The copper feed-through plate has connections for counterpoise, antenna, ground, and a dual-ended SO-239 socket for a separate 2 meter / 440 MHz vertical.
When the VHF / UHF antenna is not in use, I stick a grounding PL-259 plug into the inside SO-239 on the plate.
The outside of the feed-through plate uses binding posts or a stainless steel wing nut for attaching the wires.
Connector box and knife switch (permanently mounted):
Inductor, consisting of 20 turns of 10 AWG copper wire. Full inductance is 22 μH.
The coil has little copper tabs extending out in an alternating pattern, to make it easy to place the shorting clip without shorting adjacent turns:
Assorted jumpers with banana plugs, to plug into the binding posts. The binding posts can also take plain wires, if necessary, but the banana plugs allow for quick configuration changes.
Variable capacitor (12 to 313 pF), with option to add in an additional 270 pF, for a total range of 12 to 583 pF. I made two of these, in case I wanted to try a pi-match network, in addition to the simpler L-match.
A 1:1 current balun, wound on a toroid. Either the binding posts on the bottom or the BNC connector can be used for the output.
A 9:1 unun, wound on a toroid.
A 16.8 μH toroidal inductor, with multiple taps for reduced inductance.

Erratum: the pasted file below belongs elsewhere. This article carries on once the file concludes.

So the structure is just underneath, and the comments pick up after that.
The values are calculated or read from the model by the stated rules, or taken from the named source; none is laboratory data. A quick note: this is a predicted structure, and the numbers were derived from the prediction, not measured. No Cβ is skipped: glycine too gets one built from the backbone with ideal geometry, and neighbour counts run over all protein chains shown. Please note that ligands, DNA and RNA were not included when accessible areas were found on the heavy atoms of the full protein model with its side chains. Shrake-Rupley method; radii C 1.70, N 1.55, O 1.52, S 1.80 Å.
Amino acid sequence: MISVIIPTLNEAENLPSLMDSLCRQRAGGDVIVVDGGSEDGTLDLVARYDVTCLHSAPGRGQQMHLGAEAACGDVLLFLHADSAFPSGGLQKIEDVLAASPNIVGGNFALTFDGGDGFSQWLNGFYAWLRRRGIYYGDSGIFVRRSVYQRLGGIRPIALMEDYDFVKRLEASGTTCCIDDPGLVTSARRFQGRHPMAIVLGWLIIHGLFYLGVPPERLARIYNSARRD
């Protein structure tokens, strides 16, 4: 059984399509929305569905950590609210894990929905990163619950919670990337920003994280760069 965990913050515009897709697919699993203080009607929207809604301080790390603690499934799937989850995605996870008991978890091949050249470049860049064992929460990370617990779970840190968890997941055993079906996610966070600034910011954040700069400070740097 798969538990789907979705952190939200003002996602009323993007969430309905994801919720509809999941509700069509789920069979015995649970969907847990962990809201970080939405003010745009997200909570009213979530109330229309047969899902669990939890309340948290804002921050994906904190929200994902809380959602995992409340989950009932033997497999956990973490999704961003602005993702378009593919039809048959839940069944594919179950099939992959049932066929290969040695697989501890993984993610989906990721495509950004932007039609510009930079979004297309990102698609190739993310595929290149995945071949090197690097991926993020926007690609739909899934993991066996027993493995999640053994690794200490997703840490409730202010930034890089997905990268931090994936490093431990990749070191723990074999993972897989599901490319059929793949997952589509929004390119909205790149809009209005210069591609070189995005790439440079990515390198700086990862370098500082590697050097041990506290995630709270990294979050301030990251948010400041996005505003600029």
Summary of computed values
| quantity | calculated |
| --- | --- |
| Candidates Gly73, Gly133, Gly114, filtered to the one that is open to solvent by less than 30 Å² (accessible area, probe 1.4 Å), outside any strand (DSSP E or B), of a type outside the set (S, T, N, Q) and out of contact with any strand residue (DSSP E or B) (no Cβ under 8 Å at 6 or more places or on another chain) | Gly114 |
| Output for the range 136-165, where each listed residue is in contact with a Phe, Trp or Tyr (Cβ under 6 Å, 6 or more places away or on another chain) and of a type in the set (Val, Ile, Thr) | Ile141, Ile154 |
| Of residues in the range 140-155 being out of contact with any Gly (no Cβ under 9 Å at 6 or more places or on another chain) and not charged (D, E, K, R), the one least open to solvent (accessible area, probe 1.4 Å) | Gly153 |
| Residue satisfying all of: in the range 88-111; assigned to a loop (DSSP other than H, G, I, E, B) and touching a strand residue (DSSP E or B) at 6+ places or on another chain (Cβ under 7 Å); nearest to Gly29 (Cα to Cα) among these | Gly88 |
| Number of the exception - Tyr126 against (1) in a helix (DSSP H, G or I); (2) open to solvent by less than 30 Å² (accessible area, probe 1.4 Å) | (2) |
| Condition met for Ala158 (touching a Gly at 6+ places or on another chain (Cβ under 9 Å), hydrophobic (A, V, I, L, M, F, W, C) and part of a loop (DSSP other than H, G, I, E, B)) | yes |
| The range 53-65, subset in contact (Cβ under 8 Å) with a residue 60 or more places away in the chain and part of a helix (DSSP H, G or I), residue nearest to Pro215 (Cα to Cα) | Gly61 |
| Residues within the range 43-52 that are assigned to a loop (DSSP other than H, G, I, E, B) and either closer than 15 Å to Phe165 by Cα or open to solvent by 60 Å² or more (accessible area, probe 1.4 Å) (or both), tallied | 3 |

A flexible RF voltmeter that can be adapted for various uses, such as a QRP power meter.
I found this antenna analyzer, the RigExpert AA-30, to be hugely valuable in figuring out the state of the antennas and their tuning. Newer improved version (AA-35) runs about $230.
I used this arrangement for 40 and 20 meters. I could also use this when tuning on 80 meters against the 100 foot fence wire.
I used this arrangement for 30 meters.
I used standard hardware-store felt weatherstripping on the top and bottom of the board to obtain a snug fit.
The vernier dial is a 2" diameter Philmore S-50 from eBay. The hole in the bottom of the box is to give access for tightening the set screw of the dial onto the capacitor shaft.
This balun is wound with 13 bifiliar turns of 16 AWG 600 volt wire on an FT240-31 toroid.
This 9:1 unun is wound with 9 trifiliar turns of 16 AWG 600 volt wire on an FT140-61 toroid. Note: although it happens to have 9 turns, that has nothing to do with it being a 9:1 transformer! It is a 9:1 transformer because of the way the three windings are wired.
The coil is wound from 20 turns of #10 AWG bare copper, about 20 feet worth from Home Depot.
First, I coiled the wire around a piece of 3.5 inch (o.d.) PVC pipe to set up the shape:
Then, I made coil spacers out of 3/8" square acrylic bar from Tap Plastics, with holes drilled every 1/5".
Wood frame for holding coil spacers while threading wire into spacers:
Threading pre-coiled wire through spacers. This was tedious, by the way.
Almost done. After a point, the wooden frame is no longer needed or useful.
The tabs are made from little rectangles cut from a thin sheet of copper and folded in half around the wire. A 10 cm x 10 cm x 0.1 mm sheet of copper was 91¢ on eBay from China.
The toroidal inductor is wound with 41 turns of 18 AWG 600 volt wire on a T200-6 toroid.